THEODORA (d. 1057), daughter of the emperor Constantine VIII. Possessed of a strong and austere character, she refused the hand of the heir-presumptive, Romanus, who was married instead to her sister Zoe (1028). Though living in retirement she excited Zoe's jealousy, and on a pretext of conspiracy was confined in a monastery. In 1042 the popular movement which caused the dethronement of Michael V. also led to Theodora's instalment as joint-empress with her sister. After two months of active participation in government she allowed herself to be virtually superseded by Zoe's new husband, Constantine IX. Upon his death in 1054, in spite of her seventy years, she reasserted her dormant rights with vigour, and frustrated an attempt to supersede her on behalf of the general Nicephorus Bryennius. By her firm administration she controlled the unruly nobles and checked numerous abuses; but she marred her reputation by excessive severity towards private enemies and the undue employment of menials for advisers. She died suddenly in 5057.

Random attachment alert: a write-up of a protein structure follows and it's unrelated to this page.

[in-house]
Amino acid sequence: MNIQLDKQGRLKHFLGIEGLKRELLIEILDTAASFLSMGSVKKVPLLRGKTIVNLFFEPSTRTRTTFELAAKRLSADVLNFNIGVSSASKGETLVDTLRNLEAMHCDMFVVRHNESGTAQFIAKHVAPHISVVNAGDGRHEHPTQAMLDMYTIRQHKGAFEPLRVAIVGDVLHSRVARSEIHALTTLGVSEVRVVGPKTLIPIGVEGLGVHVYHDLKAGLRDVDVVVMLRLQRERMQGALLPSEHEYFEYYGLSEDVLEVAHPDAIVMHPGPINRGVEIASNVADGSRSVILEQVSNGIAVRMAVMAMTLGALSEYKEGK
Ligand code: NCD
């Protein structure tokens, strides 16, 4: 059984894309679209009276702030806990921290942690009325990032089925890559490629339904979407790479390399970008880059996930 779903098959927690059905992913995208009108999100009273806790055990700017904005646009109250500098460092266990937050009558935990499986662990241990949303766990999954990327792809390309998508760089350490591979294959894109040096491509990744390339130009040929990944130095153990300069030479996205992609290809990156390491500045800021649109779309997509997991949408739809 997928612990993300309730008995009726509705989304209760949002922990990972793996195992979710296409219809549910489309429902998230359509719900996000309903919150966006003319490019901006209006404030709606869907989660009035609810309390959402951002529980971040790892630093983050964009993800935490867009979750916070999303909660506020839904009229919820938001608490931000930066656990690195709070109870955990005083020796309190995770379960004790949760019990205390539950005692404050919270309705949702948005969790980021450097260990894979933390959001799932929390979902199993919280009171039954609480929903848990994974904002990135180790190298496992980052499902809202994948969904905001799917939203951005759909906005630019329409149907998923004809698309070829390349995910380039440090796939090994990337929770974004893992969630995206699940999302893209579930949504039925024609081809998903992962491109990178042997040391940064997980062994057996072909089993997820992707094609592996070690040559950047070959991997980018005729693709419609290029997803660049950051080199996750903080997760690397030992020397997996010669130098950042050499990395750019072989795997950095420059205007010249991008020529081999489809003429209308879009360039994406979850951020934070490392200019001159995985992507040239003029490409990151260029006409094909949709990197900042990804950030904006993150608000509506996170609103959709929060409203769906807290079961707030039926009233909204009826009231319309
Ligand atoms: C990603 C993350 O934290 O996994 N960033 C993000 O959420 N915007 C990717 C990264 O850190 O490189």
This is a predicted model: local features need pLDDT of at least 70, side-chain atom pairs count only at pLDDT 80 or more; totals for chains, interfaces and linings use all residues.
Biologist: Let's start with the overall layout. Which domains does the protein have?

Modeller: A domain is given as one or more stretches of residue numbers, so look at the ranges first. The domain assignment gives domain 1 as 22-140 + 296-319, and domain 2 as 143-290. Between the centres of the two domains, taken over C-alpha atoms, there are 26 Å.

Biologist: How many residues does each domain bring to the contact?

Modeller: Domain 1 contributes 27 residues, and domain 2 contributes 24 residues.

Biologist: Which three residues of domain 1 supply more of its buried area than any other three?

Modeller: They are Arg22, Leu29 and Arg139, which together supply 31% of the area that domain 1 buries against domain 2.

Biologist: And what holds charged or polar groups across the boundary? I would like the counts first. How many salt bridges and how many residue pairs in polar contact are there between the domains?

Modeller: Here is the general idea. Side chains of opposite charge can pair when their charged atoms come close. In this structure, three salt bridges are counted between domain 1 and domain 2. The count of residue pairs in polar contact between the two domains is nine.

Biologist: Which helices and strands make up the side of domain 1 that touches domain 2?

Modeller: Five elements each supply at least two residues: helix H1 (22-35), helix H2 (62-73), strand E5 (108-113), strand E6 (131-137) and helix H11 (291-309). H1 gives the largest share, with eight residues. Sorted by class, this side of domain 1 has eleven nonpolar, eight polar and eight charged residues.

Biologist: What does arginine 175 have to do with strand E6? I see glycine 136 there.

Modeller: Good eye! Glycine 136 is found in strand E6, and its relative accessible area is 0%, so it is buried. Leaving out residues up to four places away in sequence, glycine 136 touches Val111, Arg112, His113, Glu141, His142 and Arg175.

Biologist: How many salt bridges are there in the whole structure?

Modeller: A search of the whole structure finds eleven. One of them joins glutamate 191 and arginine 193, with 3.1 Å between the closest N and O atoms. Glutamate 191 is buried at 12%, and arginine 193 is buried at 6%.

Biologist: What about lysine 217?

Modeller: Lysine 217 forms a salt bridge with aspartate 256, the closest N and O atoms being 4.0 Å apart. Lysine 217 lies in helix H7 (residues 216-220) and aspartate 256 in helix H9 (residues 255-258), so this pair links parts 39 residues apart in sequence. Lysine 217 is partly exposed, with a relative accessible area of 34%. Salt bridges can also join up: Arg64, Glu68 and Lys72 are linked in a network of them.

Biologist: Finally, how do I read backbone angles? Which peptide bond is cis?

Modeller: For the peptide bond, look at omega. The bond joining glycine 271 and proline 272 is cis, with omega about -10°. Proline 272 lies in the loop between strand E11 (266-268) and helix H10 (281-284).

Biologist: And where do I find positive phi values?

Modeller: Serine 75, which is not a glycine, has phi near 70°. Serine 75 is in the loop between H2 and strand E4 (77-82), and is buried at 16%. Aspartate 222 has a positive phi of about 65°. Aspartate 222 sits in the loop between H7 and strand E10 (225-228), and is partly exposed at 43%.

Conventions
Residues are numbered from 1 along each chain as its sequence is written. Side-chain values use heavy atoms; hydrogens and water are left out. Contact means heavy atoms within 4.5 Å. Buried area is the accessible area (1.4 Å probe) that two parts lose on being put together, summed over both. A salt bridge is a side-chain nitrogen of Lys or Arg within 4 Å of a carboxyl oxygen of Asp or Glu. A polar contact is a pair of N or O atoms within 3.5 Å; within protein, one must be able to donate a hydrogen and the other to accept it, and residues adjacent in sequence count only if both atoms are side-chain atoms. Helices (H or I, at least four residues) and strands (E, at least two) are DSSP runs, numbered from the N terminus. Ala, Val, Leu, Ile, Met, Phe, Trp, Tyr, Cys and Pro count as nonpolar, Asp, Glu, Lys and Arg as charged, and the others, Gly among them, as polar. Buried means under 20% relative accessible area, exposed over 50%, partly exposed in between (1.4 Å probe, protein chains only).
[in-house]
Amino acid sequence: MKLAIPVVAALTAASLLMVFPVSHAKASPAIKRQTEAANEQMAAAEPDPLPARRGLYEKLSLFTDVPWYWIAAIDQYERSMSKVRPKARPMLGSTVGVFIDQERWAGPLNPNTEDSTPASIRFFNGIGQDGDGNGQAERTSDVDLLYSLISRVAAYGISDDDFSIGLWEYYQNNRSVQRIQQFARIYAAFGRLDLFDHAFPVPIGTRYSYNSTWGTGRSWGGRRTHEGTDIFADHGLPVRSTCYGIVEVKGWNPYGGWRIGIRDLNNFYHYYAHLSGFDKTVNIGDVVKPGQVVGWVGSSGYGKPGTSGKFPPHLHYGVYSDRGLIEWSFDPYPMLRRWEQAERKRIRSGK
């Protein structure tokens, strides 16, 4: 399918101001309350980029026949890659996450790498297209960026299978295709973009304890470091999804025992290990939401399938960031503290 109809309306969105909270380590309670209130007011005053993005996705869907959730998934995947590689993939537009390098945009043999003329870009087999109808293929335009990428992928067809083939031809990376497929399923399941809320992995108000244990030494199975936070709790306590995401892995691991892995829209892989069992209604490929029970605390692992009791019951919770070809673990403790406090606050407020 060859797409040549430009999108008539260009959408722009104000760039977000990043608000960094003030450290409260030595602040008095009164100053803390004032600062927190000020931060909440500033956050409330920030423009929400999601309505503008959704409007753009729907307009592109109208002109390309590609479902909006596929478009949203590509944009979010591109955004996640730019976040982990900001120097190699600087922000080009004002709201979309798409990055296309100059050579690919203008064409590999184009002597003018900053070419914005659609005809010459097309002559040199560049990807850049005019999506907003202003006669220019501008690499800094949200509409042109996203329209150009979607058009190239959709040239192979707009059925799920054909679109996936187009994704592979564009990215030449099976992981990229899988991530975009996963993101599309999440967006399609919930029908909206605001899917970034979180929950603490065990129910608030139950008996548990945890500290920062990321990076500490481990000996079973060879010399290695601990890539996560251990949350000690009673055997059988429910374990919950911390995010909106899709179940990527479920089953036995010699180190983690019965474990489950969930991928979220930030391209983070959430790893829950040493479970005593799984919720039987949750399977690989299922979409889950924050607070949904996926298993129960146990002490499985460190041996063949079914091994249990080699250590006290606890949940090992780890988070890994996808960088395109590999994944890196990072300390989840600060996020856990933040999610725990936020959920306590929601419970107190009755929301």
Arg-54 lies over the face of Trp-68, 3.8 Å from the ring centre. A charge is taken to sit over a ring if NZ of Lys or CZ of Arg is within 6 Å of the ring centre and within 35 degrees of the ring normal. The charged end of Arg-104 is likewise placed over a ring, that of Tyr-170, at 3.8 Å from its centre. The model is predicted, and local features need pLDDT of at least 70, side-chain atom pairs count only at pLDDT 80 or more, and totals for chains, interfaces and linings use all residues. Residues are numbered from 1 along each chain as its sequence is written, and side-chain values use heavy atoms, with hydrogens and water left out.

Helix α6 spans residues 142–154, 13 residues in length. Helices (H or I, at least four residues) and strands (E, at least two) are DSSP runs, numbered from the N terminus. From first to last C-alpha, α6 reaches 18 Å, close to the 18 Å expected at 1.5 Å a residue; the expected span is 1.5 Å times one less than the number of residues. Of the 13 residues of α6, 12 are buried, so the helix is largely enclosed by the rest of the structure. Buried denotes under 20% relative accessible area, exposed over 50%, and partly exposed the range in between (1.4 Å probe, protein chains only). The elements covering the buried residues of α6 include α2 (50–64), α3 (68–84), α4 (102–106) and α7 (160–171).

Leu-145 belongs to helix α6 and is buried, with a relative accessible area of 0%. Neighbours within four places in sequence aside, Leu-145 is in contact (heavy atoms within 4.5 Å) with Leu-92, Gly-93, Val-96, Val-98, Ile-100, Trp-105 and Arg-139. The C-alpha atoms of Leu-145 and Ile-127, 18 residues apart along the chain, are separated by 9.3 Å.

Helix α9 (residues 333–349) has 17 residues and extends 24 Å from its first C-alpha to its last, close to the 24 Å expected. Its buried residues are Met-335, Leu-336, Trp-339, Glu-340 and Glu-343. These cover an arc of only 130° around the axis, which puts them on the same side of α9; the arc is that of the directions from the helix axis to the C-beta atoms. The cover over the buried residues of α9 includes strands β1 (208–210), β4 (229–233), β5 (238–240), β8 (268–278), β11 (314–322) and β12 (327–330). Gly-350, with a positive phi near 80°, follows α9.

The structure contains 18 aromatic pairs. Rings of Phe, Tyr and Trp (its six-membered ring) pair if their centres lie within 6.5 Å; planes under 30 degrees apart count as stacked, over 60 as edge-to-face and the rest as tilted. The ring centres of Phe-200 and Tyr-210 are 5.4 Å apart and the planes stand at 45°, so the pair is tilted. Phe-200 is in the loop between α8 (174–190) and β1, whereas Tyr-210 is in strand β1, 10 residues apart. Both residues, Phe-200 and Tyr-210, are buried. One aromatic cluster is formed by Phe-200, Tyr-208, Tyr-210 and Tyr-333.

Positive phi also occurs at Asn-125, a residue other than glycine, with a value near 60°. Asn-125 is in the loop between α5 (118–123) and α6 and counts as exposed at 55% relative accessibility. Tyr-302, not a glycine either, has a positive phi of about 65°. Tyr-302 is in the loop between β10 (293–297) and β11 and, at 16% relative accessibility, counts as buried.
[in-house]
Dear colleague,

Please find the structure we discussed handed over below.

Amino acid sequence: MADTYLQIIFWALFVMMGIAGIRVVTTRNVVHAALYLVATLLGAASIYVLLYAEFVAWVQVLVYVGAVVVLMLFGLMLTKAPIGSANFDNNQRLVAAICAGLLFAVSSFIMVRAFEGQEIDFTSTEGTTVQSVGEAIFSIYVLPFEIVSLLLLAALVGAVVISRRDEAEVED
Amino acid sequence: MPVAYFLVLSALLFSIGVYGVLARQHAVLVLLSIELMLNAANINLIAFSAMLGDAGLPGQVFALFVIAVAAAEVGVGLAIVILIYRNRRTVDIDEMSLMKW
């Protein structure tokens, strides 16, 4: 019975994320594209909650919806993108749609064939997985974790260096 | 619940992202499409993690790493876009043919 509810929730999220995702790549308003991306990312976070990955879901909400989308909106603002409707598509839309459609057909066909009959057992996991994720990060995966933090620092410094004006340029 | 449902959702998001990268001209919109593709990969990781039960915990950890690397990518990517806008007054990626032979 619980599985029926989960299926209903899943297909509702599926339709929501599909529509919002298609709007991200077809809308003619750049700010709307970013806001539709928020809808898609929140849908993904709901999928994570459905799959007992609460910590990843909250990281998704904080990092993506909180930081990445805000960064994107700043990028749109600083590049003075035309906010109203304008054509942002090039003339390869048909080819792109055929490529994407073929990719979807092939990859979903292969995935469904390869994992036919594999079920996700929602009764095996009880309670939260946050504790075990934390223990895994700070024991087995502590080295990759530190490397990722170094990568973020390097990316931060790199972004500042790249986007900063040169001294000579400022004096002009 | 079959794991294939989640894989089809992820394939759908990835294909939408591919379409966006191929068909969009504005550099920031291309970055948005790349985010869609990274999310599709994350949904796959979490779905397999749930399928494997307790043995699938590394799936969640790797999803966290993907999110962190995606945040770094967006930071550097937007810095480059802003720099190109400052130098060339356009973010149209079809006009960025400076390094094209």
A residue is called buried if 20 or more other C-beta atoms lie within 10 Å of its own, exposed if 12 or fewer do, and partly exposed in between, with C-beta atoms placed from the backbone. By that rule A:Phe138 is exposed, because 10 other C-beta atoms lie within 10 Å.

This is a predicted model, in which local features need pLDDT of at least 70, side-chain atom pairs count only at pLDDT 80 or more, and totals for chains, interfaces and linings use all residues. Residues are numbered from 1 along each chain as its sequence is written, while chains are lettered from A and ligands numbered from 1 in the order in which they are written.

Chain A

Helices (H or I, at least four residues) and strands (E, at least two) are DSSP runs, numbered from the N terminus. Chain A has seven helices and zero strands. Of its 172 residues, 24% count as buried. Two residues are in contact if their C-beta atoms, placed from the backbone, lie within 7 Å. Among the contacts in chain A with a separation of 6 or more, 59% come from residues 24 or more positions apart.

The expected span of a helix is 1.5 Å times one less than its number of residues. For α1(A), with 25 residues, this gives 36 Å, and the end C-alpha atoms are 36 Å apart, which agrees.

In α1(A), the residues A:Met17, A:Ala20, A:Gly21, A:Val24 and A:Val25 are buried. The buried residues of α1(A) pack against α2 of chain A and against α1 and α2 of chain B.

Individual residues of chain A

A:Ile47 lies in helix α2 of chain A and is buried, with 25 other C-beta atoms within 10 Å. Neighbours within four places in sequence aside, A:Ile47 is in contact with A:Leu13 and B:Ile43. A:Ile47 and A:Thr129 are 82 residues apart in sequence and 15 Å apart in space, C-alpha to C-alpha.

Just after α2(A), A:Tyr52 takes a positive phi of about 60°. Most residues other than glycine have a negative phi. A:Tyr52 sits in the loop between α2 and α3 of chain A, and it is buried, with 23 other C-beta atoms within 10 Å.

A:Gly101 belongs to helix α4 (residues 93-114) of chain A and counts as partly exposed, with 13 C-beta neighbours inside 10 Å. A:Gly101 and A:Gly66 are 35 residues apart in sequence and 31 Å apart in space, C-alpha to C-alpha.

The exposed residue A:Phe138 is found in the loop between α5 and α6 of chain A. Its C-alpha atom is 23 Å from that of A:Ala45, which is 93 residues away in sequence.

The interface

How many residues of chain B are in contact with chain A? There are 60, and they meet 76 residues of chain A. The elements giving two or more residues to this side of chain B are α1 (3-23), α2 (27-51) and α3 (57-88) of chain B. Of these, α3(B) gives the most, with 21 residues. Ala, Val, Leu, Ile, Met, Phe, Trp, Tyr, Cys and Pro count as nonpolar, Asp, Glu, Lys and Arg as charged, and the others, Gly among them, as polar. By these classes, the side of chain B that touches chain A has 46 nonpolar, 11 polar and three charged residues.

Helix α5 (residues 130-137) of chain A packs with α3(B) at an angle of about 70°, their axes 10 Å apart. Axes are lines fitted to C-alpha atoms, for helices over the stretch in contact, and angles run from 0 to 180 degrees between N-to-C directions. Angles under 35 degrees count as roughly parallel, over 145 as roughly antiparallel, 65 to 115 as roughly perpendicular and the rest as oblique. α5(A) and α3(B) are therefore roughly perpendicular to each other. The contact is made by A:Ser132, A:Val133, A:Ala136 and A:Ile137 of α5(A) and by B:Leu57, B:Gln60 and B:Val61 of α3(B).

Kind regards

See G. Finlay, History of Greece, vol. ii. (Oxford, 1877); G. Schlumberger, L'Epopee Byzantine, vol. iii.(Paris. 1905).
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